Author Topic: Please Keep &RQ Small  (Read 3210 times)

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Offline rejetto

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Please Keep &RQ Small
« on: March 19, 2002, 02:52:49 PM »
i think &RQ will always be handy on slow machines
if i introduce a new slow feature is cause i think it's a great feature...as multi-language is

if i will implement birthday notification it's cause it won't slow anything and it won't eat 1mb ram (and won't take a week programming)

in the new release there will be an unexpected feature: playing audio cd
it could make you laugh, but it's a couple of kb, it doesn't slow anything, it fits well the design, and sometimes i need it
this feature is only a command for hotkeys.
i'm sure that noone will notice something bad with it.

It doesn't make sense like ICQ, to have alarm feature but to be unable to deal with url bookmark.


makaara

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Please Keep &RQ Small
« Reply #1 on: April 10, 2002, 10:47:11 AM »
I totally agree with Rakkir's statement concerning the bloatet ICQ and the need to switch off the features someone doesn't want or need. A plug-in system is in some way great, so other helpful people could help this project by building-in cool extra features for the people with need it.
But I must agree with rejetto, too. Birthday reminder isn't the worst thing and is not one of the "memory eaters". Keep it small (no email checks!!! no voice chat !!! -> plugins!) but don't make it too "pure".

keep up the goooood work!

makaara

 

Offline RAKKIR

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Please Keep &RQ Small
« Reply #2 on: March 18, 2002, 07:14:01 PM »
Hello,

   First off I would like to thank the "rat man" for bringing us all &RQ. I use it as my primary ICQ client and happily switched to it several versions ago. Keep up the good work!

    With that well-deserved note of thanks out of the way, here is my primary concern. I am worried about &RQ becoming bloatware, just like the RESOURCE HOG that ICQ has become. I grew sick of ICQ when the developers took the "throw in everything but the kitchen sink" approach. It became huge, bloated, and s-l-o-w. In fact, it became so huge it was unusable on my wife's laptop. It got to the point where I grew so sick of it, that I wrote a simple ICQ clone in PERL (MS-DOS text based). But then ICQ  changed the protocol anyhow and there were "issues."
    Now, certainley, I don't expect all code to be designed for low end machines and codded in assembly, but I feel most people will agree that ICQ is a huge resource-hog and uses FAR more CPU time and RAM then necessary. Especially considering that most users don't use half of its so called "features." Now, this isin't "empirical evidence" here, but how many people actually -use- ICQ to act as a web-server for them, or use it as their primary e-mail cilent? Let alone use it to design web-pages!?Ughhh!!!!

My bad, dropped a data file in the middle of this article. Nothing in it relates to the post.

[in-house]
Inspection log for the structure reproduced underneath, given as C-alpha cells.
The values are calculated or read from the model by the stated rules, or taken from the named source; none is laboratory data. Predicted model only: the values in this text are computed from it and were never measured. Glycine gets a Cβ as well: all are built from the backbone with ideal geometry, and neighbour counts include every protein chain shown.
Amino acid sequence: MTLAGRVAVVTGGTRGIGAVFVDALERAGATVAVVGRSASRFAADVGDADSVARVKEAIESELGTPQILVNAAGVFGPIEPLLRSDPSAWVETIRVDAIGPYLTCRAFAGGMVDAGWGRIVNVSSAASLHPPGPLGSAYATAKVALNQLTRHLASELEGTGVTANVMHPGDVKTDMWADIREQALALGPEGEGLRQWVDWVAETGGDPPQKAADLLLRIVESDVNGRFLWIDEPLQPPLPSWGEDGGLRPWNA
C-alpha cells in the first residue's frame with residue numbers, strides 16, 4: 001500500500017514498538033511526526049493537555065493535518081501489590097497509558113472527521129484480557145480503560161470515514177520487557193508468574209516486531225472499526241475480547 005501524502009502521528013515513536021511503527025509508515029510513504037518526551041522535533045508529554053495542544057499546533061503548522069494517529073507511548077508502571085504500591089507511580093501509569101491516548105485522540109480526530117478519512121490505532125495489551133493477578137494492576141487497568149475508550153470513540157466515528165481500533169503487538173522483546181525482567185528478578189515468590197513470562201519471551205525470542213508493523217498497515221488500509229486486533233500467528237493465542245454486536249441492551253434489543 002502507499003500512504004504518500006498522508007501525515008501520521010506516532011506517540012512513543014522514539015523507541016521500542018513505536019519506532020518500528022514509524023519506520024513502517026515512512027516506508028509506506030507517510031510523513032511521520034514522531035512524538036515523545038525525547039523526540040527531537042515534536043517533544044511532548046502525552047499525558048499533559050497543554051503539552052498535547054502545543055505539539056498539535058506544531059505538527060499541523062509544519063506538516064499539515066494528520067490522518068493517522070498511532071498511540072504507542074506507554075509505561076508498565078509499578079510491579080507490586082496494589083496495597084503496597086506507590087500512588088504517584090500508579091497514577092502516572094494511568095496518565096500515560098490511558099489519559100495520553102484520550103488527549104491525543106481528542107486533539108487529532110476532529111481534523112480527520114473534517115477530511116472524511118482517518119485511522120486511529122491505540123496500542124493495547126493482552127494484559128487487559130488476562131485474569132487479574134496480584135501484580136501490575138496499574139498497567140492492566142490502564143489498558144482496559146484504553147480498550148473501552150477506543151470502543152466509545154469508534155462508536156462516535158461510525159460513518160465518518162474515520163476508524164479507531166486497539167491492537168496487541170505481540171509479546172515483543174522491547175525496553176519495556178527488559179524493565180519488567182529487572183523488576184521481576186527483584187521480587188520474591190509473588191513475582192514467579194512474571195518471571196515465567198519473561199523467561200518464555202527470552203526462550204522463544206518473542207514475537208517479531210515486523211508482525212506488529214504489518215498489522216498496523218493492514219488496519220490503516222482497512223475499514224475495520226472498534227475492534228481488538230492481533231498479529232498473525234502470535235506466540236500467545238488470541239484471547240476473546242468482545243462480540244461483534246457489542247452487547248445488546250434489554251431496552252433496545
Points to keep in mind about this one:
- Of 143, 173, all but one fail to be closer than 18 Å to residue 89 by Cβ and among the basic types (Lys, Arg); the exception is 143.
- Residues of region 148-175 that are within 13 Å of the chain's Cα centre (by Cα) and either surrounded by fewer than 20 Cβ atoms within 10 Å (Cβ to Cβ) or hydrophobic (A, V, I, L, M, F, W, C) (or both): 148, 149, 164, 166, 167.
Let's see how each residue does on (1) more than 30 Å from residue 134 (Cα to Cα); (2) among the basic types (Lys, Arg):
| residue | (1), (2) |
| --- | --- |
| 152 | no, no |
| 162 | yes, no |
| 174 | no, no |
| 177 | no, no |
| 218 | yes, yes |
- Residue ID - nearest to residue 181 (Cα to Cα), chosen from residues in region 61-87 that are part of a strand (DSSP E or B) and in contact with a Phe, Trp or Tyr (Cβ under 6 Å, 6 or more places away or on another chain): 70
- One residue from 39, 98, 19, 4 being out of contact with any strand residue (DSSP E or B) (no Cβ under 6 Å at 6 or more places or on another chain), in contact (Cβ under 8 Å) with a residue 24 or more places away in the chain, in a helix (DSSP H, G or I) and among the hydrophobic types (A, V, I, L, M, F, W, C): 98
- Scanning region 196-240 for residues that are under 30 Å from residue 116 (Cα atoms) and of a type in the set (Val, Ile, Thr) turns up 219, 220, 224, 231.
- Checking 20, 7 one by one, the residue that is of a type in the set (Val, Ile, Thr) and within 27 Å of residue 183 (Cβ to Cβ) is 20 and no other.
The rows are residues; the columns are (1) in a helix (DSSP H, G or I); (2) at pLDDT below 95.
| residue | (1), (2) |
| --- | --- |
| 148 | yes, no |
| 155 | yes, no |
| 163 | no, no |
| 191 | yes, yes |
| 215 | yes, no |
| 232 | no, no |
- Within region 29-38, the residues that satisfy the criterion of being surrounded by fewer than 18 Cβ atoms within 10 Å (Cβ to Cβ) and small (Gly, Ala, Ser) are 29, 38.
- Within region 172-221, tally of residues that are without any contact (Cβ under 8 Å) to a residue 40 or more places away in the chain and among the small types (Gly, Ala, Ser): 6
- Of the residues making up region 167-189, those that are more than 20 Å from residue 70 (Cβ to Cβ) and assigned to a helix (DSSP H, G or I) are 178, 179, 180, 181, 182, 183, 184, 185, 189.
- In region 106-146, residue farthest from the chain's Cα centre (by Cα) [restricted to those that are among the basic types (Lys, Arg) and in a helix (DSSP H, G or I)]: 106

That's why I hope &RQ remains small, without all the bloat associated with ICQ. If additional features were desired, they could be added later, perhaps through some "plug-in" architecture. I had heard this thought mentioned somewhere on the forum. Alternatively, perhaps they could be defined in the preferences, so that if a feature is not desired it is NOT loaded at startup and DOES NOT take up memory or CPU cycles.
   That's one of my biggest problems with ICQ. I wouldn't mind all the so called "features" if you could ONLY turn them off and keep them from slowing your machine down!
   Now, maybe on the high-end realm of GHZ plus PC's, all this is a non-issue, but there is a lot of us not ON those machines. Especially in countries outside the U.S.. Besides, even if all did have GHZ machines, it's just the "principal" of the matter. Why design such bloatware garbage when you can create a far more "elegant" design? I know that when I program things (simple programs for my hobbies) I always try to design for effeciency.
   It would seem to me a "plug-in" style, or modular design where you can turn things off, would be the best of both worlds. Allowing people who want certain features to leave them on, while allowing others to create a "lean" version.

I see Core features as being:
1: Messaging.
2: Adding Contacts
3: Signing up for ICQ accounts.
4: History
5: User Info (getting and setting)

I see these as "so-so" features I use SOMETIMES (possible plug-ins):
1: Contact list transfer.
2: Web-Page URL transfer (why not just copy the link as text?)
3: File Transfer.

The following are features I would NEVER through ICQ as I find them better served by other software anyways (definite plug-ins):
1: Web-server (gag!)
2: E-mail client.
3: "Cards"
4: Birthday reminders.
5: Voice chat.
6: Just about everything else.

Now, as I said before, my personal experience certainley isin't a "good sampling" of the general population, but, I have the sneaky hunch I -am- representative of the "typical" ICQ user. Furthermore, I see all these polls like "What would you like to see in [Insert program name here]" and I see a lot of replies that just seem somewhat silly. I also don't think a lot of these people who reply realize that there are trade-offs involved in giving them what they want. None of these features come for "free," and result in buggy code and/or resource usage.

However, in the end, I understand that a lot of people prefer "bells & whistles" because they don't understand the problems these cause. And, ultimately, the code to &RQ is not up to me to develop so....

I just LOVE what &RQ is compared to ICQ, and would like to see it STAY that way, and not fall into the same pitfalls that befell ICQ.

Thank you once again for your time, and this wonderful program. Please let me know what you think.